Sharp Park’s inclusion in the GGNRA has congressional approval.  And, I, too approve! 

Thank you.

The 1899 map shows the original Laguna Salada (Salty Lake) in the middle of a larger area named Salt Valley.  There’s a reason people bestowed those names. It’s called salt.

Red-legged Frogs have a low tolerance for salt. “Restoring” the wetland area to its original saltiness is potentially deadly to that endangered species and a significant negative impact to it’s predator - the even more endangered San Francisco Garter Snake.

The GGNRA know how to protect endangered species, that is one of their specialites.  If you were to go and see Mori Point, here in Pacifica then you could see the GGNRA in action.

The GGNRA has no magic wand with which they could “restore” Salty Lake to its original status without decimating both endangered species.

What is important is to improve/revive the existing freshwater habitat that is silting up and being choked by cat-tails. If the bickering continues for much longer we’re going to end up with a problem beyond solution.

You would so surprised to see the resuts of the GGNRA in Pacifica.  It really gives one hope.  It is such a well kept organization.
Dept of Interior is exceptional.  I took their horn and I say it enthusiastically, not with any intended dishonesty or meaness.

Ouch!  I am a terrible typest.  I meant to say “toot their for them”!  Ha! Ha! Ha!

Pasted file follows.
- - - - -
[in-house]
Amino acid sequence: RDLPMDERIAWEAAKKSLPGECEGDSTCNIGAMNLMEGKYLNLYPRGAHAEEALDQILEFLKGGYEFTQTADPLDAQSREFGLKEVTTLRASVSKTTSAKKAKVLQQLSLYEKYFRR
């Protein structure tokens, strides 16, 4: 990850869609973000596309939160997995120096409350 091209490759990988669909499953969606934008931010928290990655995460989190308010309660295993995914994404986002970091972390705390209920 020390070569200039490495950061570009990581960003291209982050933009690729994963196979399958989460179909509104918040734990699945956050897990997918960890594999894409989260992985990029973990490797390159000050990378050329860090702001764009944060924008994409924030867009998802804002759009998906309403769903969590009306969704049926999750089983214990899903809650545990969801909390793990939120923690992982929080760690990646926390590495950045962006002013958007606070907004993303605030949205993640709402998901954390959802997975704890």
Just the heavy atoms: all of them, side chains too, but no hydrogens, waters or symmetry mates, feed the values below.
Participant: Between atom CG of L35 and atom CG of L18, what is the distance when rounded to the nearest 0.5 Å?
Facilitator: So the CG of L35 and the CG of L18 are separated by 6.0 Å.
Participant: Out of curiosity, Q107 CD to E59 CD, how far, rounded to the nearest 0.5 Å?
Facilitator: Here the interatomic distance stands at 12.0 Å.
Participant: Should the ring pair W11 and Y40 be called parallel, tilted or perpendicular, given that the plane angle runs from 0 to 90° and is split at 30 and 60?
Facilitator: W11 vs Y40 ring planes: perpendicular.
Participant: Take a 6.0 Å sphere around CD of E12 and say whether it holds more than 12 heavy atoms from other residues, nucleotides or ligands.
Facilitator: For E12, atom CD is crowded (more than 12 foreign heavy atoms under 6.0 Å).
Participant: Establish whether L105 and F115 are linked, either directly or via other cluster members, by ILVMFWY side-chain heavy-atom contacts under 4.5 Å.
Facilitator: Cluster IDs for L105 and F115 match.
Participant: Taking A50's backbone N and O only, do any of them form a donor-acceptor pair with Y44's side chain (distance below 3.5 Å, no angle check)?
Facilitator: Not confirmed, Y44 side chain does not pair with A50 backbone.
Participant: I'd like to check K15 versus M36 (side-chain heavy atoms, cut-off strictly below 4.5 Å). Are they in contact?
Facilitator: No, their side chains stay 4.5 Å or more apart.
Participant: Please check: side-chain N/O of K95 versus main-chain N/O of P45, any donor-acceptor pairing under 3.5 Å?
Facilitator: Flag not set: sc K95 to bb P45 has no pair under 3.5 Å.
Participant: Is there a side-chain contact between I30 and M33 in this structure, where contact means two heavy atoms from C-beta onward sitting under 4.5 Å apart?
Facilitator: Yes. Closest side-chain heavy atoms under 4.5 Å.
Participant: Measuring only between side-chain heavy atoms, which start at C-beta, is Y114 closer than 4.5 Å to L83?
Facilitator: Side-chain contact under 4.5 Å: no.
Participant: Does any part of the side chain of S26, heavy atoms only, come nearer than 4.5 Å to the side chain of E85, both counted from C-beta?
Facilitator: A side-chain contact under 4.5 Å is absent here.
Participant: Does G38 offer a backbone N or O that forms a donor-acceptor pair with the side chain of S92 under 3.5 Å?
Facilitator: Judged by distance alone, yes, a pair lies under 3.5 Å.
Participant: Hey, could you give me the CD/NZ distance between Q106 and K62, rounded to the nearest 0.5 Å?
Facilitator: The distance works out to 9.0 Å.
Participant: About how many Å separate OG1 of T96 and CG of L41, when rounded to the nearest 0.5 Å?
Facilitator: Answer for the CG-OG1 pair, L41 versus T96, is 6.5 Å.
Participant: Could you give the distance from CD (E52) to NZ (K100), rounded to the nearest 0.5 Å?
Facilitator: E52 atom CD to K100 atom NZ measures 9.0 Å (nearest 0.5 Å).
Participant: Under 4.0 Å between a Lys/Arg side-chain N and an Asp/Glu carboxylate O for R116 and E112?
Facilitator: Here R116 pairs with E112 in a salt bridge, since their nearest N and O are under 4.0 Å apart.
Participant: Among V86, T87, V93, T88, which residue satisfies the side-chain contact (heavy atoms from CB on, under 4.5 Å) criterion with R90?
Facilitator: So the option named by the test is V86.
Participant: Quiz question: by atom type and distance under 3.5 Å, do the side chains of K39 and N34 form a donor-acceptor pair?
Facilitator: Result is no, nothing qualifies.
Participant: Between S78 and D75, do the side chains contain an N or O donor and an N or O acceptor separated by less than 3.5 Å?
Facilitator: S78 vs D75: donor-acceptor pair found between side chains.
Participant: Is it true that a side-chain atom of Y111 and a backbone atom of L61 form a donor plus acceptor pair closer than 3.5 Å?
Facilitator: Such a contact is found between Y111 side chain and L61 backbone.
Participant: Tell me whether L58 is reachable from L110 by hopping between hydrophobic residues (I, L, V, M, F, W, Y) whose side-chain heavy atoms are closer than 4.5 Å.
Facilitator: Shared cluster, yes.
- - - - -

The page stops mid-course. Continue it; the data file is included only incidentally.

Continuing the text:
I’m trying to say, “Toot their horns for them”
See you at SF City Hall
12-16-09
1 PM Rm 236
Sleep well.

Comment 16
Wed, December 16, 2009 10:56pm
Scott Boyd
All my comments

Regarding bickering, this week’s Pacifica Tribune, front page, “McCain, Coburn criticize Sharp Park stimulus funding”

Why?  The proposed funding is for piping recycled water to the golf course, and they cite a golf course “that might not exist much longer” as a reason to consider the funding “waste” and “mismanagement”.

Julia’s article http://www.insidebayarea.com/sanmateocountytimes/localnews/ci_13964270 mentions the two endangered species as a key reason for getting rid of the golf course.  If that means breaching the berm and letting in the ocean, won’t it revert to salt marsh?  How do you see that helping the two fresh water species?

Comment 17
Fri, December 18, 2009 12:48pm
Kevin Barron
All my comments

Hey, I’m just actually glad to see an actual infrastructure project happen ...given the disasterous fraud which was Obama and Pelosi/Reid’s “shovel-ready” stimulus package,  or lack thereof. Too bad there wasn’t a 9-hole course with a Trader Joe’s adjacent…

Yesterday, Thursday,  the San Francisco Recreation & Parks Commission unanimously adopted the General Manager’s recommendation to proceed with the recovery plan for the San Francisco Garter Snake and California Red Legged-Frog and to preserve an 18-hole golf course at Sharp Park.

At an earlier date, December 1, the San Francisco Recreation & Parks Department’s Park, Recreation and Open Space Advisory Committee had endorsed the General Manager’s recommendation by a 14 to 1 vote.